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1 Timothy iv. 8.

Godliness is profitable unto all things; bav

ing the promise of the life that now is, and of that which is to come.


It is very unaccountable how it ever came SERM to be imagined that religion was an unprofitable and ill-natured thing, and that if a man was determined earnestly to follow it, he must give up all the pleasures of this world, and quit every hope of advancing himself in it. This persuasion, I say, is very unaccountable,—since the contrary is evidently the case; the religious man is of all others by far the most likely to ob- 1 U 3


SER M, tain and to relish worldly happiness, and

XX. u to arrive at that degree of worldly honour

and wealth which his birth and education will admit.

Two things are affirmed in the text, one, that godliness has the promise of the life to come, i. e. that religion will procure for its followers everlasting joys in heaven; another, that it has the promise of this life, that it will obtain for them, an abụndant share of earthly good things.. ...

As to the truth of the first, there is no dispute; almost all are agreed, that if a man is devout towards God, fearing, loving, and serving him as he ought, and if he behaves to his fellow-creatures as the scripture, God's word, enjoins (acting by them as he would expect they should act by him) and if he be temperate, sober, and chaste in his own personal behaviour, almost all are agreed, that if he conducts himself thus, when this life shall be ended, he will be rewarded in a state which is to follow.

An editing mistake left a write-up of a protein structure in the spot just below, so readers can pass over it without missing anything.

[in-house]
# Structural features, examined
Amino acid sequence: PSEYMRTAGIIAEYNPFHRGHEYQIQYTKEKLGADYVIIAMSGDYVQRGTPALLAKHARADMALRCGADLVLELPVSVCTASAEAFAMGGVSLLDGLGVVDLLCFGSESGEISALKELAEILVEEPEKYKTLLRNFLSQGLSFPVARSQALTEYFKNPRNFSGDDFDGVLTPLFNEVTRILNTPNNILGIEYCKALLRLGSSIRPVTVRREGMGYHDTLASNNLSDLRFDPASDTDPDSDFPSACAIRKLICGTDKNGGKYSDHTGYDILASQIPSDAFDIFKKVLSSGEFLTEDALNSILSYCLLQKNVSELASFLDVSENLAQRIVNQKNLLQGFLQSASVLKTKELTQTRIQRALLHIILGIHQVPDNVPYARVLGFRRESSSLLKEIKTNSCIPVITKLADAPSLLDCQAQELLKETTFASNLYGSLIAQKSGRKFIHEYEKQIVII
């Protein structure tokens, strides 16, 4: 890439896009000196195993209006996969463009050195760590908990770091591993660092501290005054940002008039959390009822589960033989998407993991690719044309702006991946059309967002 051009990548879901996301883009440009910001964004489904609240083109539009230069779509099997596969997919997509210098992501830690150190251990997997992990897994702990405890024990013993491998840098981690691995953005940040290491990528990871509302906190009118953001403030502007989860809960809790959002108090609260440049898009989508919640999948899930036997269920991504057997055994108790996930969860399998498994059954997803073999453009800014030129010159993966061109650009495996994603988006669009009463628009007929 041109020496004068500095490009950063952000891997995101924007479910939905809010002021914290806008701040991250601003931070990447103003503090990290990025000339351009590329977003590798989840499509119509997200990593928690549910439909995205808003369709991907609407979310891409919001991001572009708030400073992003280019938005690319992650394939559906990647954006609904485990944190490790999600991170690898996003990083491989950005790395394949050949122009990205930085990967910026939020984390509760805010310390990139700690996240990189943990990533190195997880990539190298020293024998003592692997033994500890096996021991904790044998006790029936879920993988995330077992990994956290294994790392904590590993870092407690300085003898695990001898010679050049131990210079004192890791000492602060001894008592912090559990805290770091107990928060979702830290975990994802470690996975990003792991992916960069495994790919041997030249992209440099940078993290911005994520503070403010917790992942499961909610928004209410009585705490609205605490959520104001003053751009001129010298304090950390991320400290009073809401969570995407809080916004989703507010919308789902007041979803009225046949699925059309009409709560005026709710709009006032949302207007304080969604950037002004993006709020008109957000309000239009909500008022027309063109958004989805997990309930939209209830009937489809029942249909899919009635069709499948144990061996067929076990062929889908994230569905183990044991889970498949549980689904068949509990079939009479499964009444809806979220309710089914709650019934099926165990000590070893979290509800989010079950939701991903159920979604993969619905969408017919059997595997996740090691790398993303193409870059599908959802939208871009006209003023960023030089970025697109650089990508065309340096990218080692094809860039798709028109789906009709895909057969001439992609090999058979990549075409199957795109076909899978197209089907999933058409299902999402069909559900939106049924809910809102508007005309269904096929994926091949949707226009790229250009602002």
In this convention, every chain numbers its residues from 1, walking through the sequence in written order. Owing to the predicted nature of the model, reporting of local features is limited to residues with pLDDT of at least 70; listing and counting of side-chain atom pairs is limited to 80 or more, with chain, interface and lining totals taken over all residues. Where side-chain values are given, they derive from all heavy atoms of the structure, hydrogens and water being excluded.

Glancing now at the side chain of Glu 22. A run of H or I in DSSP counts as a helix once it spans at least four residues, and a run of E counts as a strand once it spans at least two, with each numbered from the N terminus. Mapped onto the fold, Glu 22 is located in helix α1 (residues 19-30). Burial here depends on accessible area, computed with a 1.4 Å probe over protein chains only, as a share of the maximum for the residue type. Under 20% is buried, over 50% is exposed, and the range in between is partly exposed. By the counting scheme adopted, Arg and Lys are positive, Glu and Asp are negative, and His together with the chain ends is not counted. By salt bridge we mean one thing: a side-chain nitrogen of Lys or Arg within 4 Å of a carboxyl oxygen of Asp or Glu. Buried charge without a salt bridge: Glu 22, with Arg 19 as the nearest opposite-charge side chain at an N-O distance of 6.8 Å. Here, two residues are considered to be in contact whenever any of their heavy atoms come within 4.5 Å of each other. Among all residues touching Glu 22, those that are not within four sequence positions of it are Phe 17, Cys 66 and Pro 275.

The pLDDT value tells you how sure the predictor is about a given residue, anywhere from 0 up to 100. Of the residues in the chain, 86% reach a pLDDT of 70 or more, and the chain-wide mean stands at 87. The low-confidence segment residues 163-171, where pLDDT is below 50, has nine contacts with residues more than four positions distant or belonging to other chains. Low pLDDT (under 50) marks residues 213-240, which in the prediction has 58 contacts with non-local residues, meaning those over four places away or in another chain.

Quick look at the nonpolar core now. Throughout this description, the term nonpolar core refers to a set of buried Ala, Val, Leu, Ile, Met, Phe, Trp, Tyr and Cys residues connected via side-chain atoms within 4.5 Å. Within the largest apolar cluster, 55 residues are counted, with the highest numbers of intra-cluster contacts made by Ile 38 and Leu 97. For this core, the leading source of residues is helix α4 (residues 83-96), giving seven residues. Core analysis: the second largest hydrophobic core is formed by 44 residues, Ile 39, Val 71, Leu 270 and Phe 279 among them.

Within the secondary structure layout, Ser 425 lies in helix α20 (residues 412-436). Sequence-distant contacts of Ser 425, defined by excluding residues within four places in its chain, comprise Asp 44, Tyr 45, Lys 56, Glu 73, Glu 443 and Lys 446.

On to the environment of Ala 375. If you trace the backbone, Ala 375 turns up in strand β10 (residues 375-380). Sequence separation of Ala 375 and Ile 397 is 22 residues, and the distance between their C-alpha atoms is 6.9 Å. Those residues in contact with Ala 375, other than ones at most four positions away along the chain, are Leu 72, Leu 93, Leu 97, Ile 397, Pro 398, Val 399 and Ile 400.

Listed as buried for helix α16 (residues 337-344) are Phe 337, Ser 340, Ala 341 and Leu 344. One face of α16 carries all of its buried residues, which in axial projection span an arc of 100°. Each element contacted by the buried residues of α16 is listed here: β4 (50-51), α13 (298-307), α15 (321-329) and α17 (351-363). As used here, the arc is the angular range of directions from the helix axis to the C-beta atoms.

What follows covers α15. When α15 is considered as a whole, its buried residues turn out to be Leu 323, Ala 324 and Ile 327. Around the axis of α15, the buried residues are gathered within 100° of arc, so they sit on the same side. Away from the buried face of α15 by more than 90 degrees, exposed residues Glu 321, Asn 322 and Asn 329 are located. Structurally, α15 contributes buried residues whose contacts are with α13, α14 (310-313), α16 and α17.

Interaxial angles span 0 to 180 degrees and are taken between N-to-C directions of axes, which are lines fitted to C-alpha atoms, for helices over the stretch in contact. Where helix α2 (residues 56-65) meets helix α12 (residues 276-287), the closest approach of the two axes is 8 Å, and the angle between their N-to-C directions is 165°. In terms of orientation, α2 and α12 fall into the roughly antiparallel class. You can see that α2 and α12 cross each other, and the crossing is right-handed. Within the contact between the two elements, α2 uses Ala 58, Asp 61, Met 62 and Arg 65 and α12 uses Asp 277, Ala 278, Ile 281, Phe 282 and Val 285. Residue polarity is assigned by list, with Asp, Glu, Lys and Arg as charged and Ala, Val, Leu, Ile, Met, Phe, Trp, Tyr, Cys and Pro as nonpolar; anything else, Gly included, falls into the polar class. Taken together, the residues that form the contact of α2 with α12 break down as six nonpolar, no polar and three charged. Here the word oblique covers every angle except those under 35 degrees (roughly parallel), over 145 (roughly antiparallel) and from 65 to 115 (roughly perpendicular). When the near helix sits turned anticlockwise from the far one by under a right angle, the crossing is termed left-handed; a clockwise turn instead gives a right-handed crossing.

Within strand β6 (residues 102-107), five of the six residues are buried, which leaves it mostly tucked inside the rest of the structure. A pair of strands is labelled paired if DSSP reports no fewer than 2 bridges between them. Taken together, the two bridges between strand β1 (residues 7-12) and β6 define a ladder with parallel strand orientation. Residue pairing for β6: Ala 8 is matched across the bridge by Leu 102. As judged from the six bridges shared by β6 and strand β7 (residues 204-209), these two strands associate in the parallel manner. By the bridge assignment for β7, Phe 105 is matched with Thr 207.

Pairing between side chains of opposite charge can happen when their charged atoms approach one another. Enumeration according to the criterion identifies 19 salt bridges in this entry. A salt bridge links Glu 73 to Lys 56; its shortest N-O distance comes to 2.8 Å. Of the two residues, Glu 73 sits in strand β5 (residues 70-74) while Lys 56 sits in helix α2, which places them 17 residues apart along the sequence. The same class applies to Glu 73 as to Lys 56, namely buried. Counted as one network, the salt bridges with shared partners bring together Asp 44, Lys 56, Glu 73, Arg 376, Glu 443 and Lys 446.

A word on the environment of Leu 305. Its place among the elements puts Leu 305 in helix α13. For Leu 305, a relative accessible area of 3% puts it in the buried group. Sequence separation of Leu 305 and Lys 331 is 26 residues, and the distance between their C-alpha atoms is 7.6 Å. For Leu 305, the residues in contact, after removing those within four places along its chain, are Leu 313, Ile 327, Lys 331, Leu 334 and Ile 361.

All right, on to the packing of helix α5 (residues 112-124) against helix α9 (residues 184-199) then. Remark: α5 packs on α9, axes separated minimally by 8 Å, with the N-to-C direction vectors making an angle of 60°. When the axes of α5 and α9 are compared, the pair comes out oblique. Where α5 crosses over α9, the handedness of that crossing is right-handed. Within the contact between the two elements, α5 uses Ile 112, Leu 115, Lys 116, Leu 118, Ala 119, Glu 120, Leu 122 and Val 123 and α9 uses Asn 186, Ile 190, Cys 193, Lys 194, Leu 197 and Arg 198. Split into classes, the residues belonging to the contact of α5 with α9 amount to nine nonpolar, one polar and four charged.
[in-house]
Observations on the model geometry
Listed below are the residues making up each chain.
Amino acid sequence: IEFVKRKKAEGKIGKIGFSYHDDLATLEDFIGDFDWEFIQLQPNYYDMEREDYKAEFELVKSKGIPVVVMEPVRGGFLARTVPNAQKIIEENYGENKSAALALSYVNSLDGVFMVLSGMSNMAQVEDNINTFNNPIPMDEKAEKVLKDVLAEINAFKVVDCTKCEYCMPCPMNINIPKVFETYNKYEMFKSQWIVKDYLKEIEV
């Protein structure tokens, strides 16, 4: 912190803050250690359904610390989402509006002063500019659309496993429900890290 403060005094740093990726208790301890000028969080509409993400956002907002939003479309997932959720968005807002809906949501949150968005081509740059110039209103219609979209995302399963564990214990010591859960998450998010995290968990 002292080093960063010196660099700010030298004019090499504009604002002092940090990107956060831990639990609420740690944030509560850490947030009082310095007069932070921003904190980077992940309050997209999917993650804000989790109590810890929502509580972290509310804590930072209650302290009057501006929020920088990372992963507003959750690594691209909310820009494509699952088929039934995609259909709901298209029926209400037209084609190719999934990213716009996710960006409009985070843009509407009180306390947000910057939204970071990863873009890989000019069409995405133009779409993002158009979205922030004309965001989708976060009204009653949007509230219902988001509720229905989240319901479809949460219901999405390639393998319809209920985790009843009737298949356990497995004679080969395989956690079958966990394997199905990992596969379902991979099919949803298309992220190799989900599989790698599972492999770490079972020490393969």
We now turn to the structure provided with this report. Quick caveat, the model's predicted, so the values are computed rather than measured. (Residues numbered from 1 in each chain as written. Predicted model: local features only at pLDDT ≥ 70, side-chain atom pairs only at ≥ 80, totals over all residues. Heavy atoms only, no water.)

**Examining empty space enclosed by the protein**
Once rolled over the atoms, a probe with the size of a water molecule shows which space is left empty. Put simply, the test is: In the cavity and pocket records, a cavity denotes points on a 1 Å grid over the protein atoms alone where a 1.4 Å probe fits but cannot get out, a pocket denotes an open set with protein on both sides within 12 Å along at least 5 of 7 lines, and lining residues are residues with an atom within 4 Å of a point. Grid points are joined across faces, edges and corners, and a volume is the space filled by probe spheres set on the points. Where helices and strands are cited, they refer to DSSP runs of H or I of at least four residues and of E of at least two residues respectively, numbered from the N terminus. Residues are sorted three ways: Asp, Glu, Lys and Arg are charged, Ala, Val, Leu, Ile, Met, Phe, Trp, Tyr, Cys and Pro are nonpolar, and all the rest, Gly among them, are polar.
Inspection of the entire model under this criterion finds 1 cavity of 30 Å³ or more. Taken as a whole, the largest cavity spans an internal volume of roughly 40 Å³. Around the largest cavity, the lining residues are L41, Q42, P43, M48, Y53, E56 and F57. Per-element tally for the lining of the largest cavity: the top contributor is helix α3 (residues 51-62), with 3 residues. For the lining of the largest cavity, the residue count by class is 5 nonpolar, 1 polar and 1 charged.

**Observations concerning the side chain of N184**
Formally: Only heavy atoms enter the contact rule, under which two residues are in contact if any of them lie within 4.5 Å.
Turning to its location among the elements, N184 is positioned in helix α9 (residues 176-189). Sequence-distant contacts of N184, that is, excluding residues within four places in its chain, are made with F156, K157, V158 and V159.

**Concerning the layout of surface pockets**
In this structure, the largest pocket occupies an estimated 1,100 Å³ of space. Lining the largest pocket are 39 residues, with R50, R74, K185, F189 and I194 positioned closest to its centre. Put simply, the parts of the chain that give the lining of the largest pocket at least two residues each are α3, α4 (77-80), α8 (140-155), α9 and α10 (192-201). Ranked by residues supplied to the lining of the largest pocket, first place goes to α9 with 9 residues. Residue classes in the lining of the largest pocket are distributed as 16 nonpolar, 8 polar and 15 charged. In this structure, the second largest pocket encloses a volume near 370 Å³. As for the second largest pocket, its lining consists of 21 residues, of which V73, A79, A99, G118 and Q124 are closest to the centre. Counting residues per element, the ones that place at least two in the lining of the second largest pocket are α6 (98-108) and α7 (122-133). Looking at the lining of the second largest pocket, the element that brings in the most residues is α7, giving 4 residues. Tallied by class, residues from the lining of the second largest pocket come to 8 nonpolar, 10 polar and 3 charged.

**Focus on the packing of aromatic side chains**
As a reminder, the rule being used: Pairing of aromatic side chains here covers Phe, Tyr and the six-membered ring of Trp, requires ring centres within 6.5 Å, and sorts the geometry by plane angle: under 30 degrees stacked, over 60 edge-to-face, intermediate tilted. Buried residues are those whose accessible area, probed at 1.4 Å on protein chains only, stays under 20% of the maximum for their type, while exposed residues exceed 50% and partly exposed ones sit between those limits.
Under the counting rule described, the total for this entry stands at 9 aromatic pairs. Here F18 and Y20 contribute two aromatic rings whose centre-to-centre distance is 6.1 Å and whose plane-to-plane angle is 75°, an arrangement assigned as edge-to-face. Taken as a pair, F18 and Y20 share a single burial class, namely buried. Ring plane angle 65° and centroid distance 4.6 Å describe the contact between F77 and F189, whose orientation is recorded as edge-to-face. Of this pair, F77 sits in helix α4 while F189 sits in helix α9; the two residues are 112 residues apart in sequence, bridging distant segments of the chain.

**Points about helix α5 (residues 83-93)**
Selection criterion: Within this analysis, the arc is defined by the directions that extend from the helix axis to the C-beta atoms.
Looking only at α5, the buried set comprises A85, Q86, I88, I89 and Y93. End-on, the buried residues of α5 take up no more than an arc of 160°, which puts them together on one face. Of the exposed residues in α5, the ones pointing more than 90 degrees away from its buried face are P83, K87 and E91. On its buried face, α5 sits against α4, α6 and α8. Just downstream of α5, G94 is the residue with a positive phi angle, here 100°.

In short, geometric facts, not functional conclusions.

How, indeed, is it possible that a rea- SERM. sonable being should believe otherwise ? w That we did not come into the world with out a maker, is very evident ; that that maker is infinitely good, wise, and powerful, may easily be proved; whence it will follow, as he is good, that he delights in goodness, -as he is wise, that he knows fully when it is practised and when neglected and as he is powerful, that he is able to confér rewards on the obedient, and inflict punishment on the rebellious..."

In the scriptures also, are contained, to the same effect, the words of this our Maker; in them, by means of holy and good men, and by his beloved Sonhe speaks to us, and tells us of the happiness which he has prepared for the righteous, and the misery which is laid up for the wicked. God, who cannot lie, tens u's this; let us, therefore, be sure that it will happen according to his word. These proU 4


ve can

SER M. mises and threats are addressed, without XX.

exception, to all men, and, whether we choose it or not, we are all equally concerned in them; we can neither obtain the former, nor escape the latter; if we refuse to act as God has commanded. It is necessary, perhaps, to mention this, because the opinion is not very unusual, that religion was only meant for particular sets of men; for the clergy for instance, for the rich, for the old, for the sickly, in short, for any but ourselves. The rich are frequently for shifting it off to the poor, and the poor again to the rich; the healthy would leave it to the sick, and the sick to the healthy; and some of all descriptions would gladly persuade themselves, that it was intended for others, but not for them. But yet no exception is found in the scriptures in favour of any; all are commanded to be devout towards God, and just and benevolent towards men.

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